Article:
New Wisconsin Online Organ Donor Registry

Donate Life HandsIn April 2010, Donate Life Wisconsin will open the doors of it’s new website, YesIWillWisconsin.com, to online organ donation registration.

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This is a first in Wisconsin’s history as they move from registering your choice to become an organ donor from the Wisconsin Department of Transplant (DOT) to a simple-to use online form to clearly move participants from the status of organ donor intent to organ donor authorization.

What does this mean for Wisconsin residents?

The status of intent means that Wisconsin residences have notified their intent to become an organ donor to the state through adding the famous orange dot to their driver’s license. However, family members can easily reject the use of a loved one’s organs, tissue and eyes for donation when the decision to do so is almost unbearable.

The status of authorization acts as a health care proxy to have the potential organ donor’s decision made clear when the time comes to donate. This acts as a double opt-in system that healthcare professionals can easily look up to verify the deceased last wishes.

The online registry will give the opportunity for a person to have their final wishes heard more clearly should there be any confusion upon their death.

The online registry:

  • Is totally secure as only healthcare professionals with highly secure codes can access the system.
  • Conforms to HIPPA laws.
  • Can be easily updated to add or remove yourself from them registry at any time.
  • Will replace the orange stickers on your driver’s license.

Those currently listed as a registered organ, tissue and eye donor through the Wisconsin DOT will slowly be moved over to the system as they renew their driver’s license or take initiative to go online to YesIWillWisconsin.com after April 1st, 2010 to authorize their consent to be a life-saving hero.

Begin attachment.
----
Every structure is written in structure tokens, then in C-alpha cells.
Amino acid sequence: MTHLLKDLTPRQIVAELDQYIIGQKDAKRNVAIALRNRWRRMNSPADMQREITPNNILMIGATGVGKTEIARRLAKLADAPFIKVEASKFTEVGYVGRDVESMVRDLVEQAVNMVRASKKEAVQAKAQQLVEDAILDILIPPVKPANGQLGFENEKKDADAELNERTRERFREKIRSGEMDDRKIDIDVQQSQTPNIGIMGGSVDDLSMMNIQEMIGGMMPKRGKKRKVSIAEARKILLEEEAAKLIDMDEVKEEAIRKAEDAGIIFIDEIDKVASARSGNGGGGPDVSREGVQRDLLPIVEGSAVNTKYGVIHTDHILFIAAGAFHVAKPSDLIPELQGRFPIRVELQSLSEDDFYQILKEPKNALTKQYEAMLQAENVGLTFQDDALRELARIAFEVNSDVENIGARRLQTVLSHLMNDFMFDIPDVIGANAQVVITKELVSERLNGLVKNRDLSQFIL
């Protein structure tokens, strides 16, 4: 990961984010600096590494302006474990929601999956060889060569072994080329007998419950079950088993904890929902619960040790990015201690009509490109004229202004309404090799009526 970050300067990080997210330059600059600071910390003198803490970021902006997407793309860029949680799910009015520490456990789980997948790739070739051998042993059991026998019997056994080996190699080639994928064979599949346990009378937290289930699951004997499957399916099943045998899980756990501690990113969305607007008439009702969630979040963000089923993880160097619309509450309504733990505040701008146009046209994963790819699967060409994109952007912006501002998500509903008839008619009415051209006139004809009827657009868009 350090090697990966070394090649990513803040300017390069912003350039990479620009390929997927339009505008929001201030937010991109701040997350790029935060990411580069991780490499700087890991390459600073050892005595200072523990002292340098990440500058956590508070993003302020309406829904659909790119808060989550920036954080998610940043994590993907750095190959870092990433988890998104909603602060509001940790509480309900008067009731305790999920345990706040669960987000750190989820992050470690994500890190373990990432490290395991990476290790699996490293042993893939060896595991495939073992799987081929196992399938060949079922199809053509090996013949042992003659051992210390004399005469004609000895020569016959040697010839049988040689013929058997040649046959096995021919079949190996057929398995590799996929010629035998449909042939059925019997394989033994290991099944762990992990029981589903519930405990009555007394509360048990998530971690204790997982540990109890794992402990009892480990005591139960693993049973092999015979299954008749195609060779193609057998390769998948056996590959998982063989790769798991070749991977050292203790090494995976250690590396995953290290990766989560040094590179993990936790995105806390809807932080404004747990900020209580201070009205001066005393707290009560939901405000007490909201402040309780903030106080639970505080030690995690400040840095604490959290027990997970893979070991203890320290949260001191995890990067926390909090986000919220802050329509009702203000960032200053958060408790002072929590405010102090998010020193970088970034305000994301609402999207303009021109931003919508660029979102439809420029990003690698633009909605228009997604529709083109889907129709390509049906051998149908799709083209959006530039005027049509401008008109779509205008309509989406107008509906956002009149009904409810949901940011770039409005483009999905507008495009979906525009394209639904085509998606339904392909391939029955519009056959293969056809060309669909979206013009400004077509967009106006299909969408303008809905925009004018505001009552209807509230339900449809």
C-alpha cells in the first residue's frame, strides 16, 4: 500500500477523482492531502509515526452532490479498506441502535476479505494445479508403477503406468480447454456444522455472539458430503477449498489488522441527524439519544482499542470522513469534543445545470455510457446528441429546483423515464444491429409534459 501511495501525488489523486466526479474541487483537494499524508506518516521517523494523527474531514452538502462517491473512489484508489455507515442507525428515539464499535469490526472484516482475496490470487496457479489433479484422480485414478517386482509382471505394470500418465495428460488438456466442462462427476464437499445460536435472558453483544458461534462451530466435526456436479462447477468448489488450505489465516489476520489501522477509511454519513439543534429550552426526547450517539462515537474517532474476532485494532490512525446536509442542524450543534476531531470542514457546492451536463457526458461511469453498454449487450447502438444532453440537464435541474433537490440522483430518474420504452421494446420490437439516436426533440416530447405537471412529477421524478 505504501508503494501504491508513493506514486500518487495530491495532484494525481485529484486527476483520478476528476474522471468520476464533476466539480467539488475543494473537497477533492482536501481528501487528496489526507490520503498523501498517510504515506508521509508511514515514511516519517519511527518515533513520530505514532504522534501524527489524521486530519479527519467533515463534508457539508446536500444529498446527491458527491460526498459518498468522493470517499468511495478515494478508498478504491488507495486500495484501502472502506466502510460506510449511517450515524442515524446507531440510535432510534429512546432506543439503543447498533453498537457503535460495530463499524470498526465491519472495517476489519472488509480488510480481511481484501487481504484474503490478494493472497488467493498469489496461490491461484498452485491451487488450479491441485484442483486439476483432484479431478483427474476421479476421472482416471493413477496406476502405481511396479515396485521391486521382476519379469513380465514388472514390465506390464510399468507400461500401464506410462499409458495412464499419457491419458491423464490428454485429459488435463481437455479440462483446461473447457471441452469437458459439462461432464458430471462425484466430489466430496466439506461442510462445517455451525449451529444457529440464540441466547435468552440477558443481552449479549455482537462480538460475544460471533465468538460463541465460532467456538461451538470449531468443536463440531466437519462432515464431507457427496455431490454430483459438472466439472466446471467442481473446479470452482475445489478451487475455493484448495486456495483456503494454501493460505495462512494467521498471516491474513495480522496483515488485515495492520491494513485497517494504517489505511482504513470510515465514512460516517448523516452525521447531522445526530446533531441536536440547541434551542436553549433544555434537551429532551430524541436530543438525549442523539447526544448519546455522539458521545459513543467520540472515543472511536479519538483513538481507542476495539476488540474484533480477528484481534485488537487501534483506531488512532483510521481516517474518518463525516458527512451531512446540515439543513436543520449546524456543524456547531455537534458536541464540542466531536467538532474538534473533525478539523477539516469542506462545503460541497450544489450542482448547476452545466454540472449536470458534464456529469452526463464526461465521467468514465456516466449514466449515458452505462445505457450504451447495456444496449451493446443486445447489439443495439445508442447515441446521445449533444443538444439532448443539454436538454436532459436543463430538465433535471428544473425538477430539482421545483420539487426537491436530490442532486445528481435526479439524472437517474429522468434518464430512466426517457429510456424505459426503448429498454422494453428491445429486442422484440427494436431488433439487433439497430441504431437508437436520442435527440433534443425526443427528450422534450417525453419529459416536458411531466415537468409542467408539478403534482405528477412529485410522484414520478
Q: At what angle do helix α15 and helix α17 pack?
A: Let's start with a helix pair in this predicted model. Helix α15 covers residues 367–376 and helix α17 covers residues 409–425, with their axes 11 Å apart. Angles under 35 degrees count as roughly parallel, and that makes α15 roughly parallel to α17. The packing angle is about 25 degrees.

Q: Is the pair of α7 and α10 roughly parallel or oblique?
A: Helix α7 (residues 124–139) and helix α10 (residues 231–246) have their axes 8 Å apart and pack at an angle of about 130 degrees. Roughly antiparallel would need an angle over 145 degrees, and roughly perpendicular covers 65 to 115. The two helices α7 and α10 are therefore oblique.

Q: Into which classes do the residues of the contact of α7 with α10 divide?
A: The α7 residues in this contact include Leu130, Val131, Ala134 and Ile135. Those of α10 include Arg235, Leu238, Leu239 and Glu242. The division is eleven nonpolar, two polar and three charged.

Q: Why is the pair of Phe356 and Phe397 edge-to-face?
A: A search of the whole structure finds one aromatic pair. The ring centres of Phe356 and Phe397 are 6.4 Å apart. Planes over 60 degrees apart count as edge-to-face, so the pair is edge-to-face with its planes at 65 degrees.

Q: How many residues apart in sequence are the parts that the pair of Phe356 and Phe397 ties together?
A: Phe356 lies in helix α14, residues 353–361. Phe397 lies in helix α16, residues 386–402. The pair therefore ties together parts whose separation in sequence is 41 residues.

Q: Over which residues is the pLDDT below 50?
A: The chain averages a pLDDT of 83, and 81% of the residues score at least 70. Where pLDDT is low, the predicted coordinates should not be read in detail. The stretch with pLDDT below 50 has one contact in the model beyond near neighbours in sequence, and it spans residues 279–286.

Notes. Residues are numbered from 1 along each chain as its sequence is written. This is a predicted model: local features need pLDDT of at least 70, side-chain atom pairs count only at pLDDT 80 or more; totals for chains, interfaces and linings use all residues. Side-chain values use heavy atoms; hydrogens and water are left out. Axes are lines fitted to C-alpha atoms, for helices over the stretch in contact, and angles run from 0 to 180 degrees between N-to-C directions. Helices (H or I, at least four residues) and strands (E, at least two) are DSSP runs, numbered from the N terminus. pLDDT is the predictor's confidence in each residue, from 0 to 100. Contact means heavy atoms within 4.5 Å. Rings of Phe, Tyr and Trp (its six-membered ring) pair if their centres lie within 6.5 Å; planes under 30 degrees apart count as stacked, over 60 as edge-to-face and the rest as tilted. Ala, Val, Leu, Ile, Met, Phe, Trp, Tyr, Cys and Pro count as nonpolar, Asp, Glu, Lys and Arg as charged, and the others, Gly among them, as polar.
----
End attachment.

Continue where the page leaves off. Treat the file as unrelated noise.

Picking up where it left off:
Image courtesy of DonateLife.

After her husband received a double-lung (bilateral) transplant in 2004, Shannon founded the Angel Cove Organ Donation Awareness Shop, which provides awareness t-shirts and gifts products for transplant recipients, living organ donors and donor families - giving 100% of the profits to help heart and lung transplant recipients with medical costs. Shannon lives in Milwaukee, Wisconsin with her wonderful husband and two chocolate Labrador Retrievers.

Please note: I reserve the right to delete comments that are offensive or off-topic.

  • Carole Rule

    How do I register to be a Donor?? My card I received at a meeting indicated that I should contact YesIWillWisconsin.com ……Can’t seem to find correct place to register…..???????

    • You tell your family your decision to be an organ donor and sign your driver’s license. Each state is different but that is the one common process in the US.

  • Scott

    Your link to yesiwillwisconsin.com is broken, you pointed it at yesicanwisconsin.com. Nice blog post, thanks for sharing it!

    • Thanks for catching the broken link! It’s been updated.

  • Jean

    I am so happy for the state of Wisconsin. Kentucky was the 43rd state to get a statewide registry. As a six-organ transplant recipient, I work every day to “grow” the registry and end the wait. I am the president of the Lexington -Central Ky. Second Chance @ Life group and have just been given a position on the Kentucky Coalition re organ, eye, and tissue donation.
    Donate Life Wisconsin!
    Donate Life Kentucky!
    Donate Life America!
    Donate Life World!
    Love, Jean

  • David J Undis

    Your story about Organ Donation highlighted the tragic shortage of human organs for transplant operations.

    Over 50% of the people on the national transplant waiting list will die before they get a transplant. Most of these deaths are needless. Americans bury or cremate 20,000 transplantable organs every year.

    There is a simple way to put a big dent in the organ shortage – give donated organs first to people who have agreed to donate their own organs when they die.

    Giving organs first to organ donors will convince more people to register as organ donors. It will also make the organ allocation system fairer. People who aren’t willing to share the gift of life should go to the back of the waiting list as long as there is a shortage of organs.